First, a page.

In this post I will explain how we can listen to living cells (yes dead cells are unfortunately silent) inside 3D tissues.

Disclaimer: we will not actually listen to actual sound waves created by cells and recorded by a microphone, but we are going to construct song based on cell activity.

Signal recording

The technique used to probe the signals is Dynamic Full-Field Optical Coherence Tomography (D-FFOCT) which you can read about here. As a reminder the experimental setup is displayed below:

FFOCT setup

The idea behind Optical Coherence Tomography (OCT) is the same as ultrasound imaging, the main difference being that it is not possible to generate and measure pulses in optics hence listen to light echoes. Therefore we need a smart way to discriminate light coming from several layers inside the sample. With OCT the smart idea is to generate interferences in the layer we aim to image. If you are not familiar with this you can learn more on OCT here. In the figure above, the light coming from the reference will only interfere with the layer in the sample matching the optical path length. The width on-which the interferences can happen is given by the coherence length which is given by the source properties. For a Gaussian source the coherence length depends on the wavelength $\lambda$ and bandwidth:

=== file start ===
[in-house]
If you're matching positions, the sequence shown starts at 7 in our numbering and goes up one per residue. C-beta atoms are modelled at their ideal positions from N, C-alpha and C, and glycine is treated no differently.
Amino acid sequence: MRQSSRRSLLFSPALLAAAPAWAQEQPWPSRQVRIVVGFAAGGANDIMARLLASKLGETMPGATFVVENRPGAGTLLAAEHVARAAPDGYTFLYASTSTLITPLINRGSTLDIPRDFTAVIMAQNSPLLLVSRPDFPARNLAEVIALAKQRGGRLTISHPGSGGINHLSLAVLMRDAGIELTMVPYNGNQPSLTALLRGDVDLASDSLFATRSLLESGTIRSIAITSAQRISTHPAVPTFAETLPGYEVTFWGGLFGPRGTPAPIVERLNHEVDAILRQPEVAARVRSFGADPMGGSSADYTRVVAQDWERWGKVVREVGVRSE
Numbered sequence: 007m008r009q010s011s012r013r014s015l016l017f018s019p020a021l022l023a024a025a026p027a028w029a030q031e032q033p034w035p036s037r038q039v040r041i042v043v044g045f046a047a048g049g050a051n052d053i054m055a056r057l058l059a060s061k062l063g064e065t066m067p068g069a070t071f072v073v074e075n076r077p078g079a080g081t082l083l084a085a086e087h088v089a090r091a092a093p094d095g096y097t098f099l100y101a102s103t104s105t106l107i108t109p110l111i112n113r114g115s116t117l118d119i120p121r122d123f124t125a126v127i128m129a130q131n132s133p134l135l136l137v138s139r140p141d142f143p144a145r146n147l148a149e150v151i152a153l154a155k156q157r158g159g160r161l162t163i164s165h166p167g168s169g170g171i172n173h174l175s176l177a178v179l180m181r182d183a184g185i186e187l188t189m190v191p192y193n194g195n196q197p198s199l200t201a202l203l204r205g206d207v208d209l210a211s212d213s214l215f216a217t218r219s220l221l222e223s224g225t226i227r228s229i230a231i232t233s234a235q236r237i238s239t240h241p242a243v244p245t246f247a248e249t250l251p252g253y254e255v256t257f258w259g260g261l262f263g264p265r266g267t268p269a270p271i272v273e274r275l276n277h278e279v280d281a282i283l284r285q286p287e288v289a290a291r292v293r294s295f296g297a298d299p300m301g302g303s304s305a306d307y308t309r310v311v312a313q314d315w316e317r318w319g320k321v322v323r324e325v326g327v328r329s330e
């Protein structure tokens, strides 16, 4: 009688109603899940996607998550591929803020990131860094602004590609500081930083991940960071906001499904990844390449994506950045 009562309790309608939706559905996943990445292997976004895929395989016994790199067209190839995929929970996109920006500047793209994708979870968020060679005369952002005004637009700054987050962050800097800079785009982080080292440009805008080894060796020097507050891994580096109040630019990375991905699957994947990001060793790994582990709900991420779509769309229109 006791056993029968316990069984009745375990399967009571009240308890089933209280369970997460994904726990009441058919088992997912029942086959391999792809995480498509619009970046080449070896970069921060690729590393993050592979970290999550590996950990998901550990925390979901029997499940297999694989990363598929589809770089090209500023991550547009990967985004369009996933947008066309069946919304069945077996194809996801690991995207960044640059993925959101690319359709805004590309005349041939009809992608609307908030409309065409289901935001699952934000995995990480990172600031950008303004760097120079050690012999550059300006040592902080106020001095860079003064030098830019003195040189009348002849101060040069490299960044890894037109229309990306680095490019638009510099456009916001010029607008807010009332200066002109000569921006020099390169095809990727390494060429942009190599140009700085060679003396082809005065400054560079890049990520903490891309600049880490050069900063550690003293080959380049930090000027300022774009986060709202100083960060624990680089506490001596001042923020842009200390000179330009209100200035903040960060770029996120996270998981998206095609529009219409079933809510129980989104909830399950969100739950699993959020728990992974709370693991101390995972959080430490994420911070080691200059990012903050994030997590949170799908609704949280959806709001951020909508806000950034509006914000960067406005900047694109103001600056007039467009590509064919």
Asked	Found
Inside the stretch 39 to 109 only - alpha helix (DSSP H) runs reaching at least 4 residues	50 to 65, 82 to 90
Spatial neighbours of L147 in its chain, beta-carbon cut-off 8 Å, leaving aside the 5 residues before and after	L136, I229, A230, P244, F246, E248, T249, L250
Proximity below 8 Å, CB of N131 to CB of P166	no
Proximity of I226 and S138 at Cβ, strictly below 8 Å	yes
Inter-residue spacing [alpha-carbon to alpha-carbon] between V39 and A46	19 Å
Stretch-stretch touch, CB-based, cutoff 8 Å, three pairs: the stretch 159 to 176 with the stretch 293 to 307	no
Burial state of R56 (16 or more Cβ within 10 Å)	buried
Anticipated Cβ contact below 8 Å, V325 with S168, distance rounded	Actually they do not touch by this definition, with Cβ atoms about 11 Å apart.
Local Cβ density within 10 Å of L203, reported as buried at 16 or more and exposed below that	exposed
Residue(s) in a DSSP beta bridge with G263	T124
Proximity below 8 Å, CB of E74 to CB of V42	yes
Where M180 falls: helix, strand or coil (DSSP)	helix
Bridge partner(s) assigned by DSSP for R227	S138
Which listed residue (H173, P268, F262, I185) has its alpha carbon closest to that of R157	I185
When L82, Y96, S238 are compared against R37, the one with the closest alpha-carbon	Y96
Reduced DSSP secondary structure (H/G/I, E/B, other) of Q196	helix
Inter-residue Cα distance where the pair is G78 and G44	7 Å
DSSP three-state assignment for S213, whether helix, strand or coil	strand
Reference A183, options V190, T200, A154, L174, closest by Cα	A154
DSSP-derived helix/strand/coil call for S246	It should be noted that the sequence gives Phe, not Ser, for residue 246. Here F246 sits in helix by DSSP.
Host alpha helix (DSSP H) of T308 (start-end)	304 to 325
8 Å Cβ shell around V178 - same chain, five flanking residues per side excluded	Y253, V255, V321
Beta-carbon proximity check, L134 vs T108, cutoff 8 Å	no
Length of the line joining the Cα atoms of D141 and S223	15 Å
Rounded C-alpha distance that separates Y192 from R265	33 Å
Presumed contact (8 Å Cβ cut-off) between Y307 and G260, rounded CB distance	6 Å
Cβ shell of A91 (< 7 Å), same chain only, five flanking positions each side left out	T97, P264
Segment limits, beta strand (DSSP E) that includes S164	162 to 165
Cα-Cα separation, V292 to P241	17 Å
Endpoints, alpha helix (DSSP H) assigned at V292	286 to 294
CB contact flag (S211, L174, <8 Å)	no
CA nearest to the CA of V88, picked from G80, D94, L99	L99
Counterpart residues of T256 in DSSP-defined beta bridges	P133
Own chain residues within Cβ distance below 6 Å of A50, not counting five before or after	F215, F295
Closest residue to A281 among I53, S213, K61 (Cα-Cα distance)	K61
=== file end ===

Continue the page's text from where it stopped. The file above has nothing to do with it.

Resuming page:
\[l_c \sim \frac{\lambda}{\delta \lambda^2}\]

Using phase-shifting strategies to remove background light coming from out-of-coherence layers we can reconstruct en-face images of the sample. Now, if instead of taking an image we record a movie, we can measure the fluctuations in each pixel and construct dynamic images. On these dynamic images it is possible to locate cells, for each cell it is possible to extract the raw fluctuation signals. By concatenating the raw signals contain in a single cell we can generate a song.

How to go from several images to an actual song?

So the first step is to compute the image by computing the amplitude of fluctuations in each pixel during the movie, see the example below.

Mouse GCL Dynamic image of a mouse retina (ganglion cell layer).

Then we need segment cells, that is to say we need to find the pixel belonging to each cell. To do that there are a bunch of algorithm and I used a machine learning approach, see segmentation results below.

Mouse GCL Results of segmentation with cells in yellow and background in blue.